Issue #310 open

Coverage fails with os.fork and os._exit

Marc Schlaich
created an issue

It is a common pattern to exit a child process with os._exit after a fork (ref). However, in this case coverage for the child process fails.

Example:

import os

def child():
    a = 1 + 1
    assert a == 2


def main():
    pid = os.fork()
    if pid:
        _, systemstatus = os.waitpid(pid, 0)
        assert not systemstatus
    else:
        child()
        os._exit(0)


if __name__ == '__main__':
    main()

Test run:

$ coverage run -p cov.py
$ coverage combine && coverage report -m
Name    Stmts   Miss  Cover   Missing
-------------------------------------
cov        13      4    69%   6-7, 16-17

Comments (15)

  1. Ned Batchelder repo owner

    Your test run data is incorrect, it actually is:

    Name     Stmts   Miss  Cover   Missing
    --------------------------------------
    bug310      13      4    69%   4-5, 14-15
    

    I'm not sure what I can do to fix this. os._exit skips any further work in the process, including the work coverage.py needs to do to write out its measured data.

  2. Marc Schlaich reporter

    Your test run data is incorrect, it actually is:

    Bitbucket has stripped some new lines ;)

    I'm not sure what I can do to fix this. os._exit skips any further work in the process

    Yes, I feared this cannot be handled automatically. Anyway, it would be enough if I can do the clean up manually before os._exit but AFAIS there is no useful entry point in the API. Something like coverage.shutdown would be nice.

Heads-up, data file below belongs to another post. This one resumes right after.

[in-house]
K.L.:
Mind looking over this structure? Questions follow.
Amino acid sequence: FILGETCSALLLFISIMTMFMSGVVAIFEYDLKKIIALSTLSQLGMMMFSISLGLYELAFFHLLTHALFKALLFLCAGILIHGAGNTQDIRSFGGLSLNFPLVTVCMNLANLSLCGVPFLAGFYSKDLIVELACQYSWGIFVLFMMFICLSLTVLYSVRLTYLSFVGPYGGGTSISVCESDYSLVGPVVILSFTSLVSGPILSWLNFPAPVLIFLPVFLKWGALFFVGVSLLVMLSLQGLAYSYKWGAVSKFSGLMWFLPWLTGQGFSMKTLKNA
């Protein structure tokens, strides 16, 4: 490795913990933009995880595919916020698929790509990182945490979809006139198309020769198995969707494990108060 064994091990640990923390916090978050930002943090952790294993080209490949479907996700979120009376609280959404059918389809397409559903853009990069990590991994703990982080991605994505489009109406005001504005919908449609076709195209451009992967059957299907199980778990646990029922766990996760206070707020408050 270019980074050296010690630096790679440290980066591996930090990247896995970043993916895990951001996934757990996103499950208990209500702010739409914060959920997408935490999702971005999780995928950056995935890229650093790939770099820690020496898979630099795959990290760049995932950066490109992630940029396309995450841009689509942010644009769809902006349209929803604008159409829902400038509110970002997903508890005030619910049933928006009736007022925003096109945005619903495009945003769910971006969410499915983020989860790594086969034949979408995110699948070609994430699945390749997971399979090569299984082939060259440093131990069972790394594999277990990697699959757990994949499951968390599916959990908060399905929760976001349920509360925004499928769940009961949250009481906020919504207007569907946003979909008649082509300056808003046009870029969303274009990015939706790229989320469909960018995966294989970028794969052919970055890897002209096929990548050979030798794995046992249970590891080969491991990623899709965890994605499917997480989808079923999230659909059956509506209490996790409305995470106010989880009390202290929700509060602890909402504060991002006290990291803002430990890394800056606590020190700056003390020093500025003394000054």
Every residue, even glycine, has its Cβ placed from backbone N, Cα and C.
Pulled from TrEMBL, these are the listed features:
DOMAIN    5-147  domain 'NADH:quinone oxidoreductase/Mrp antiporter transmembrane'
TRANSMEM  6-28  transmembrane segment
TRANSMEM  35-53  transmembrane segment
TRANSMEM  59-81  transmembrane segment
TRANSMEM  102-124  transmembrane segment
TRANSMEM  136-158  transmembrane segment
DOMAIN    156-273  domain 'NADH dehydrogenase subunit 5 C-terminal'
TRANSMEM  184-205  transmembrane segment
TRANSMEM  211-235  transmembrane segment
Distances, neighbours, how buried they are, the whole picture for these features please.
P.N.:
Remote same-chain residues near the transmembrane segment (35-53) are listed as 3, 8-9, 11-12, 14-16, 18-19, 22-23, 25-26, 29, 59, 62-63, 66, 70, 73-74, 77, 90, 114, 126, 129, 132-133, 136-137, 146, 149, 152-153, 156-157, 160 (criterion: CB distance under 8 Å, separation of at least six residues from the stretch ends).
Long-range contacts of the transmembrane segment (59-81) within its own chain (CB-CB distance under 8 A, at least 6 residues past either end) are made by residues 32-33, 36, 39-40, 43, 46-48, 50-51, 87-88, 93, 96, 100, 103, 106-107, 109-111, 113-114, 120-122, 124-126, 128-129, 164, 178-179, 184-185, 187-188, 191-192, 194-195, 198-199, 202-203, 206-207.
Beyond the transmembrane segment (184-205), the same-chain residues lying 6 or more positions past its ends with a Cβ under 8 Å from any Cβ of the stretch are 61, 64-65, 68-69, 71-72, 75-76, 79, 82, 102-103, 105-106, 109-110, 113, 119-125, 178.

3. Ryan Stuart

    Here is a dirty hack to work around this issue:

        def _coverage_hack(cls):
            """God awful hack to make coverage and py.test work together."""
            class Cov(object):
                stop = lambda self: None
                save = lambda self: None
            cov = Cov()
            if "coverage" in sys.modules:
                import coverage
                try:
                    raise ZeroDivisionError
                except ZeroDivisionError:
                    f = sys.exc_info()[2].tb_frame
                tb = []
                while f:
                    tb.append(f)
                    f = f.f_back
                t = tb[-3]
                if 'self' in t.f_locals:
                    slf = t.f_locals['self']
                    if hasattr(slf, "coverage"):
                        if isinstance(slf.coverage, coverage.coverage):
                            cov = slf.coverage
            return cov
        _coverage_hack = classmethod(_coverage_hack)
    

    It can be used as follows:

    self.__coverage = self._coverage_hack()
    child_pid = os.fork()
    if child_pid == 0:
        # Do work
        ((self.__coverage.stop(),) and (self.__coverage.save(),) and os._exit(0))
    
  4. Ned Batchelder repo owner

    Ryan Stuart If I read this code right, it's a way to get access to the coverage instance (if any), and then calling it explicitly from the product code. If the product code can be changed to accommodate this problem, then there's lots of possibilities, but people generally don't want to do that.

  5. Ned Batchelder repo owner

    Marc Schlaich The method you want is currently called coverage._atexit. I could rename that to coverage.shutdown. Try using coverage._atexit() now and tell me if it works well. Or you could use coverage.stop(); coverage.save().

  6. Ryan Stuart

    Marc Schlaich Just to be clear, the problem of it not capturing lines seems to be fixed but it certainly doesn't capture the lines in the subprocesses no matter if I exit with os._exit(), sys.exit() or my hack above.

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